To mark Black History Month, we the celebrate the unsurpassed contributions of fashion icons Patrick Kelly, Stephen Burrows, Andre Walker, Grace Jones, Naomi Campbell, and Iman to the world of fashion.
Black History Month is a time for the country to reflect on the many ventures, breakthroughs, and momentous occasions by which this rich and proud culture has shaped the world. Although the month is drawing to a close, these fashion icons have surmounted a legacy that cannot be limited to 28 days.
In 1988, Kelly became the first American, and first black designer to be inducted into the Chambre Syndicale du Prêt-à-Porter des Couturiers et des Créateurs de Mode—a prestigious trade section within the governing body of the French fashion industry.
This bold and audacious designer dazzled the fashion industry with his instantly recognizable buttoned and bowed dressed. By shattering the molds and pushing the racial and cultural boundaries, Kelly, a humble gay Southerner, actively sought to convert racist symbols into fashion pieces and bring diversity and color to his catwalks.
Sadly, on January 1, 1990, Kelly lost his battle with AIDS and the fashion industry lost a trendsetter whose influence can still be felt today.
Stephen Burrows was the first African-American designer to garner an international following—and with it, a global fame. It was in 1973 that Burrows’ career would skyrocket; that year, he became the first black designer to ever win a Coty award.
During the award ceremony, he caught the attention of the publicist Eleanor Lambert. Lambert was gathering American designers to participate in what would become the designer’s second breakthrough and one of the most iconic fashion shows of all times: The Battle of Versailles.
His electric show, with black models dancing down the runway, solidified America’s win in this epic fashion showdown, along with cementing Burrows as a household name.
Although his brand and sartorial vibrancy no longer dominate as they once did, he has cemented his legacy in the industry. Through bright, bold, and unprecedented moves, Burrows achieved milestones and opened the door for many designers—of all colors—to follow suit.
From Andre Walker’s first fashion show at the age of 15, to collaborations with Rei Kawakubo, the industry knows this singular designer as eclectic, original, and unconventional, one of the most iconic designers in U.S history.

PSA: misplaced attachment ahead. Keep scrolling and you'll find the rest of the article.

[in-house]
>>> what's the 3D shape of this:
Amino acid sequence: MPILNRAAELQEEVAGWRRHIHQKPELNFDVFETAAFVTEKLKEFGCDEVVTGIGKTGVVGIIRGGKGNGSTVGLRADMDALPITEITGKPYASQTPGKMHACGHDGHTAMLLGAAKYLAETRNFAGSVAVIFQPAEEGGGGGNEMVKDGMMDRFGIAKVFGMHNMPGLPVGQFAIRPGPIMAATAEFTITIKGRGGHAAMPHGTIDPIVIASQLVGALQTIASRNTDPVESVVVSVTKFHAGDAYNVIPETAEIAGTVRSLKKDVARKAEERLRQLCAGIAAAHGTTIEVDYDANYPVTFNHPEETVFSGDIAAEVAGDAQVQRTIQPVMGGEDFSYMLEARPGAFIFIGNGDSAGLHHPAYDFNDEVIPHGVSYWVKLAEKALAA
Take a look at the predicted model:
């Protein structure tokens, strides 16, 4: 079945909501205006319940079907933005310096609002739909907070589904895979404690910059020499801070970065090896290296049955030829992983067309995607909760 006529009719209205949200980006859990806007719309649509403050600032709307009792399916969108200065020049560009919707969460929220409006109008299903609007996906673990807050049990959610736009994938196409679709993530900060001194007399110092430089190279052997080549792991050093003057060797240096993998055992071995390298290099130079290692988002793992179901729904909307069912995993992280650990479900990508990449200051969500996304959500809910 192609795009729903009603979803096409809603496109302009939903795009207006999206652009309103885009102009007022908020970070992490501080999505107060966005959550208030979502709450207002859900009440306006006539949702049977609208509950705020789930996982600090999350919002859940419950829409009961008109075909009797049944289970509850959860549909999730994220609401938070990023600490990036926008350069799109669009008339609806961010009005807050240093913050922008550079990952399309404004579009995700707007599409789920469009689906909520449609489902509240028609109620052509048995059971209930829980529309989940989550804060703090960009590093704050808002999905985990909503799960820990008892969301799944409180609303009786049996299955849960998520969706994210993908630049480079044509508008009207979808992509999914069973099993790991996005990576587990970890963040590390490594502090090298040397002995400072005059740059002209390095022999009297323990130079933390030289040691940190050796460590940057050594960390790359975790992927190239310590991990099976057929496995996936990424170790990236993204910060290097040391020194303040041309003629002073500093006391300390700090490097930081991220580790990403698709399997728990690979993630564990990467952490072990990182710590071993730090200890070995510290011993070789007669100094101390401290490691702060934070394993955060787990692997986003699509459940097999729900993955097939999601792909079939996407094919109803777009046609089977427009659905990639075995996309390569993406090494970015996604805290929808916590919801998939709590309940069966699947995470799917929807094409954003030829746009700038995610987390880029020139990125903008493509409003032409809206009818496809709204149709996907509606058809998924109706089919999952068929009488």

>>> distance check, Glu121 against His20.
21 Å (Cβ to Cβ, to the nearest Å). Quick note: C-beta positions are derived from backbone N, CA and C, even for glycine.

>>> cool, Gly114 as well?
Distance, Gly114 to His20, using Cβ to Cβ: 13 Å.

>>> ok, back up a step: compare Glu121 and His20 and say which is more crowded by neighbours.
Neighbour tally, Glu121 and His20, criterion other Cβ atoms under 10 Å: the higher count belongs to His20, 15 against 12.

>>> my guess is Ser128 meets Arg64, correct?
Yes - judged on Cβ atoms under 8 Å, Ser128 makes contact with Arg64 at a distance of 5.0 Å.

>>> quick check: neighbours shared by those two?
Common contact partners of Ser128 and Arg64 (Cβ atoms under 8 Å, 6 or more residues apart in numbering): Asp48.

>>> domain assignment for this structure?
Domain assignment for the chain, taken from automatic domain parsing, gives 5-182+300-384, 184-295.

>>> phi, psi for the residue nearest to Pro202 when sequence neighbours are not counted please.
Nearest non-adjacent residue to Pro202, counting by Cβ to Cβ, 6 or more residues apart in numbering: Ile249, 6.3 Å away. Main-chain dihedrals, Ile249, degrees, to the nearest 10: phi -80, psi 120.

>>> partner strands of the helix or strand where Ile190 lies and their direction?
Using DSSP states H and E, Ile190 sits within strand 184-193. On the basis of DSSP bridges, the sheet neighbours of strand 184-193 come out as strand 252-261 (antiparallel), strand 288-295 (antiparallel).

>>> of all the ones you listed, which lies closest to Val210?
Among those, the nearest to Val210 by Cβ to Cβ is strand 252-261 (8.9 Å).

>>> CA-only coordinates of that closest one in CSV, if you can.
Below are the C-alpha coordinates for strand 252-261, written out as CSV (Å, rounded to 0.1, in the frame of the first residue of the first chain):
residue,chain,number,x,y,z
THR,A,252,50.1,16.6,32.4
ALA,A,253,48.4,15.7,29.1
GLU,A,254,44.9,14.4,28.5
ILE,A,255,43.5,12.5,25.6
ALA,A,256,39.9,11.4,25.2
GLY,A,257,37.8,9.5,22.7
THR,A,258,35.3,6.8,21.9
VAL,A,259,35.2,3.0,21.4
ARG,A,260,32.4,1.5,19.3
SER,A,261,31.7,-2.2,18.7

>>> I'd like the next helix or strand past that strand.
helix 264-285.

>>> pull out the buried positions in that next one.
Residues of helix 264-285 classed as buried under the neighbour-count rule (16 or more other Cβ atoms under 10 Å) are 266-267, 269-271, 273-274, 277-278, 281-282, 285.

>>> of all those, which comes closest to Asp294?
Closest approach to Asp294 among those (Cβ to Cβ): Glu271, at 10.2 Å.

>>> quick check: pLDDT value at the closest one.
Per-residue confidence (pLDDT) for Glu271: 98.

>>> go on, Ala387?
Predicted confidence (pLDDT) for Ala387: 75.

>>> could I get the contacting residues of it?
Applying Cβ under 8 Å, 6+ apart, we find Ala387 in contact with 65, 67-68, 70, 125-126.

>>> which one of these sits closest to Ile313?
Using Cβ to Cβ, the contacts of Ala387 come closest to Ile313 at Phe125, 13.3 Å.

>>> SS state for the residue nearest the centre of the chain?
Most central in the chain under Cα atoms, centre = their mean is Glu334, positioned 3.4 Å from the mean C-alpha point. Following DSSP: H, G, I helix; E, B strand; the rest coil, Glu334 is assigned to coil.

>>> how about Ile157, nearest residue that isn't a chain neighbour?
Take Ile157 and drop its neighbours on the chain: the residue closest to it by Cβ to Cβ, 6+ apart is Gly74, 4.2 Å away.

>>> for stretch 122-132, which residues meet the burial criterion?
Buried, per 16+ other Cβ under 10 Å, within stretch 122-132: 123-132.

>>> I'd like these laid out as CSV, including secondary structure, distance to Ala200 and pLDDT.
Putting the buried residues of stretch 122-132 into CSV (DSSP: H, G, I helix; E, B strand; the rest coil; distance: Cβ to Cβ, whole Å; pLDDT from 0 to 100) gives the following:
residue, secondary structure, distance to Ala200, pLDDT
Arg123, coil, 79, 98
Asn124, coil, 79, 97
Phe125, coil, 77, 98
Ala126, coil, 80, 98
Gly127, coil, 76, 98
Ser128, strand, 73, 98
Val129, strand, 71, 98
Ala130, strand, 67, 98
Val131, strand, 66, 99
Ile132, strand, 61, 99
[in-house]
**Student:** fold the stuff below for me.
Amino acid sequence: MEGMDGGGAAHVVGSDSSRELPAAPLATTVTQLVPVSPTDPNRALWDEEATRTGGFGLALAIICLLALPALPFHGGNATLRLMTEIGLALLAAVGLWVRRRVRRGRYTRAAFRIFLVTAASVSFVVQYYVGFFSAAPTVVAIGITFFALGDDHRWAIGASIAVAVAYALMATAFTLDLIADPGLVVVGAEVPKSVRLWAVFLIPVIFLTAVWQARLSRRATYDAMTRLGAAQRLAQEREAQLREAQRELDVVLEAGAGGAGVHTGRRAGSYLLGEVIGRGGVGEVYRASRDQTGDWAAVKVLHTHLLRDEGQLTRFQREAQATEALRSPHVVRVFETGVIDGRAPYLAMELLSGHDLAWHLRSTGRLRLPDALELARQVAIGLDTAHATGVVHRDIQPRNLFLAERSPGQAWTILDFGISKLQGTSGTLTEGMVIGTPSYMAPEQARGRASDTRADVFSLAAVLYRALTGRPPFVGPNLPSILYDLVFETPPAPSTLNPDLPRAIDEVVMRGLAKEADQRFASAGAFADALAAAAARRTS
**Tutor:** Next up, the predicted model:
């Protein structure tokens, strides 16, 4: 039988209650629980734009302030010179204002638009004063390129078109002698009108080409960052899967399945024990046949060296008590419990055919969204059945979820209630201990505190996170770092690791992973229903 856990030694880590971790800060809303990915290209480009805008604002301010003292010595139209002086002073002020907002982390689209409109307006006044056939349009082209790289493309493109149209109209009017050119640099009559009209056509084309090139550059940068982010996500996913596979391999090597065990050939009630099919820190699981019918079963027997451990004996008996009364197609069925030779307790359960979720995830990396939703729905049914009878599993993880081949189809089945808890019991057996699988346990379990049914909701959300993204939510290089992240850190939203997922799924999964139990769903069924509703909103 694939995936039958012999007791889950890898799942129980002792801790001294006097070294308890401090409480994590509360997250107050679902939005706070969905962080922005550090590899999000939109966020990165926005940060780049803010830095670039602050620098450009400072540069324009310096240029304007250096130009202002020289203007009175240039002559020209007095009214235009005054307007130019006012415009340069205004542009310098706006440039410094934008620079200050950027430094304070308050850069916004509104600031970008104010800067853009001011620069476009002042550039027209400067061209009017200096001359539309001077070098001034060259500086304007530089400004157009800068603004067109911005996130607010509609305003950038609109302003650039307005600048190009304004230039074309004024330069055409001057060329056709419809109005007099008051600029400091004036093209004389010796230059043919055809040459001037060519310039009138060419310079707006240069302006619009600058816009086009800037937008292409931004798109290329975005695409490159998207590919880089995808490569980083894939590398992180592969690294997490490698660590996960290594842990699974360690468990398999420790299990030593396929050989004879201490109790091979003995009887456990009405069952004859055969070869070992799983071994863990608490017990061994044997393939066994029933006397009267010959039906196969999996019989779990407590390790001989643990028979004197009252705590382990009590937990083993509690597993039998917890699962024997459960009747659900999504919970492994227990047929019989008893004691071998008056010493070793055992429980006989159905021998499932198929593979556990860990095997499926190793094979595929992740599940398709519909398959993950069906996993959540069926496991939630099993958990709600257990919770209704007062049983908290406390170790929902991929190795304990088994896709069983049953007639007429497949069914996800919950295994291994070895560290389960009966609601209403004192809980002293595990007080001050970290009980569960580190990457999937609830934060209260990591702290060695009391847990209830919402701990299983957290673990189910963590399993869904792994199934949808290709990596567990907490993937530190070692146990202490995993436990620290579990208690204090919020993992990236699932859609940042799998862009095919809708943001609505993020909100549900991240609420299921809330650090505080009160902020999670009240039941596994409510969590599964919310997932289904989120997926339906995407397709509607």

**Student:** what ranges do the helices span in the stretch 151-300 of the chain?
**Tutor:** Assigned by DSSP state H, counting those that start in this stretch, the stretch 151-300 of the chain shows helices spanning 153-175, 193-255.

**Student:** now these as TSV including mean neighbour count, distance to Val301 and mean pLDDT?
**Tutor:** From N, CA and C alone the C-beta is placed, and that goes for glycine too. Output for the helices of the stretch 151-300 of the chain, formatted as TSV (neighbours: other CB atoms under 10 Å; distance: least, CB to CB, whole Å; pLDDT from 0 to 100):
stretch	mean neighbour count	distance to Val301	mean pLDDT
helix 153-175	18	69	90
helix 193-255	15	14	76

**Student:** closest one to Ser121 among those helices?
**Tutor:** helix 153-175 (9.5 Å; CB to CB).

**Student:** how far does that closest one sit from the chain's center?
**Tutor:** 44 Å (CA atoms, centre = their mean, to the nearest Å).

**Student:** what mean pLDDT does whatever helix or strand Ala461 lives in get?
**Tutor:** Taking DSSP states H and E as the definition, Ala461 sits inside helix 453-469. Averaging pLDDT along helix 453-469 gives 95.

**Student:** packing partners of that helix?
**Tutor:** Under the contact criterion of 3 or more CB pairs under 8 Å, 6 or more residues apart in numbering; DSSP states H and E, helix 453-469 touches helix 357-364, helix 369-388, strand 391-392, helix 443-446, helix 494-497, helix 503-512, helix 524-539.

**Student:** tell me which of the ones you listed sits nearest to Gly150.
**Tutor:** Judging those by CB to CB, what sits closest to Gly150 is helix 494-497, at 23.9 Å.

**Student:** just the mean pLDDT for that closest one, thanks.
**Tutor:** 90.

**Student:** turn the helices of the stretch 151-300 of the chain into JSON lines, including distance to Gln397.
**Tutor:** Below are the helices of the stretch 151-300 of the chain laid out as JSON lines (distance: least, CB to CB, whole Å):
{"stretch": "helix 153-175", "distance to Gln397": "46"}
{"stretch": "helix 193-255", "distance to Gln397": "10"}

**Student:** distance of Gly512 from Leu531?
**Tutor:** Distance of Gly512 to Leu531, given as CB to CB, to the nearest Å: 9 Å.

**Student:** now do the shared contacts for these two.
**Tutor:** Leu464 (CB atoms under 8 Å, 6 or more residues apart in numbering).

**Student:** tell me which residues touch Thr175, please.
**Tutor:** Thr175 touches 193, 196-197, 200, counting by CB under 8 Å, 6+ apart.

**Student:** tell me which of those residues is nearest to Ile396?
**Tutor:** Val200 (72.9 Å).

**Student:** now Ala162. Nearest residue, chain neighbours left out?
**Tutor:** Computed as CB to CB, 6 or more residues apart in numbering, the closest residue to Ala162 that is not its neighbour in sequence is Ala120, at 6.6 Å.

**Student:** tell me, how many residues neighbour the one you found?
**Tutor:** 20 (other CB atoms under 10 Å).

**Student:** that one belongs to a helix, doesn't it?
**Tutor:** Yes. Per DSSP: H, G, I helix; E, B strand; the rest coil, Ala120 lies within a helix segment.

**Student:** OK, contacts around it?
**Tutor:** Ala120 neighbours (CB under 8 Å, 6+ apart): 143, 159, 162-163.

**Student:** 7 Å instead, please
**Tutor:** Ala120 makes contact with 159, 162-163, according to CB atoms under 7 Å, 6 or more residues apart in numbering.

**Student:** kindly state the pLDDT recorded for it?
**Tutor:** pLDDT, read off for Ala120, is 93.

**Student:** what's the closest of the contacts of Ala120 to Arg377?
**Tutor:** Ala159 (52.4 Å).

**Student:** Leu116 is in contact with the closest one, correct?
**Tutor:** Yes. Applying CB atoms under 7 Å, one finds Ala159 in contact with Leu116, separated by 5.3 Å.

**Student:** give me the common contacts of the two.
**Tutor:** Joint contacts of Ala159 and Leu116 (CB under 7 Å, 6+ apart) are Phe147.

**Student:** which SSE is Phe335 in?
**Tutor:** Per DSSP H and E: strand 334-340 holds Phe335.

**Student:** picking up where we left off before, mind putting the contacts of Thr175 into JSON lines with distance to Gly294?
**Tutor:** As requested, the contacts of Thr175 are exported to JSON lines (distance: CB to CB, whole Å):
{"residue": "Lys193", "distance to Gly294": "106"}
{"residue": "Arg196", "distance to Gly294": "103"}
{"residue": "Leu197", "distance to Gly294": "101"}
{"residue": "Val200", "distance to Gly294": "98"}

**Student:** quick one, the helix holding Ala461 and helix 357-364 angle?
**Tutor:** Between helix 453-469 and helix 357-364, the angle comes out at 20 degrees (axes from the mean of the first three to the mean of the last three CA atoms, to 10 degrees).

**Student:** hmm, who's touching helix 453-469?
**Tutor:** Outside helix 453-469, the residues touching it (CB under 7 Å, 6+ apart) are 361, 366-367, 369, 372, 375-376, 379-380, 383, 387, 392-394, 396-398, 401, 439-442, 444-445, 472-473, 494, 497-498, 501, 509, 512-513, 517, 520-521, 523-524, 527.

His avant-garde outlook on aesthetics has even been emulated by other fashion greats, inspiring the likes of Jean Paul Gaultier, Kim Jones, and Marc Jacobs, and his mysterious designs have entranced viewers for decades.
Sadly, many of Walker’s past looks and pieces have gone undocumented, as they were created before the age of social media. Even today, his one-of-a-kind coats and androgynous attires continue to tantalize the loyal fans and collectors, who continue to watch for his next—most likely unexpected—collection.
Andre Walker visited the School of Fashion in 2018 and was awarded the Honorary Doctorate degree by Academy of Art University’s President Elisa Stephens.
When it comes to influencing the fashion industry, being a designer’s muse, or dominating the stage, Grace Jones is the ultimate icon who continues to galvanize a plethora of industries.
Jones broke the mold by challenging the status quo—physically, emotionally, and sartorially. Her unmatched glamour, fearless attitude, and, at times, taboo moments have placed her at the zenith of inspiration, ever since she emerged on the global stage in the seventies.
During her long career as a supermodel, singer, and actress, the powerhouse has had to overcome some abhorrent moments. Through perseverance and guttural instinct, Jones broke the barriers of fashion’s racism and disregard for people of color.
By being the first black girl to grace the cover of international magazines, as well as appear on their glossy pages, it is no surprise that Grace Jones is still considered, and will always remain, fashion’s greatest and most timeless muse.
There is no other supermodel like her. Naomi Campbell truly tops the list with a career that spans three decades, and shows no signs of stopping anytime soon.
At the age of sixteen, Campbell picked up her first cover on British Elle. Throughout her unmatched career, she has met pushback and faced controversy head-on.
Refusing to back down or settle, Campbell has called out injustices in the industry and met milestones that even she may not have foreseen. She was the first black model to ever appear on the cover of the French Vogue; and the first black model to appear in the September issue of American Vogue.
While her editorials and campaigns continue to turn heads, her charitable work through Fashion for Relief ensures that Campbell will leave behind more than one legacy.
The retired Somalian supermodel has left an unprecedented impact on the fashion industry. In the 1970s and 1980s, Iman was one of the most sought-after faces. Instantly becoming a favorite among designers, editors, and photographers, she was one of the first models to have a successful career in both print and on the runway.
As one of the first models of color to grace the catwalk, Iman contrived a career that blazed a trail for the next generation of models. With editorial spreads and coveted covers in top fashion magazines, her influential role has helped bring a lasting and necessary diversity to the industry.
After decades of being at the top of the modeling world, Iman decided to step away to refocus her efforts.
In 1994, she launched her own cosmetic line to fill a gap in the beauty world. The line was designed to provide makeup and skincare to women of color, a move Rihanna would later repeat with Fenty Beauty.
Outside of the fashion industry, Iman is an avid and active philanthropist, who has channeled her 40 years in the limelight into changing the world, engaging with various charities and advocating for diversity in the fashion world.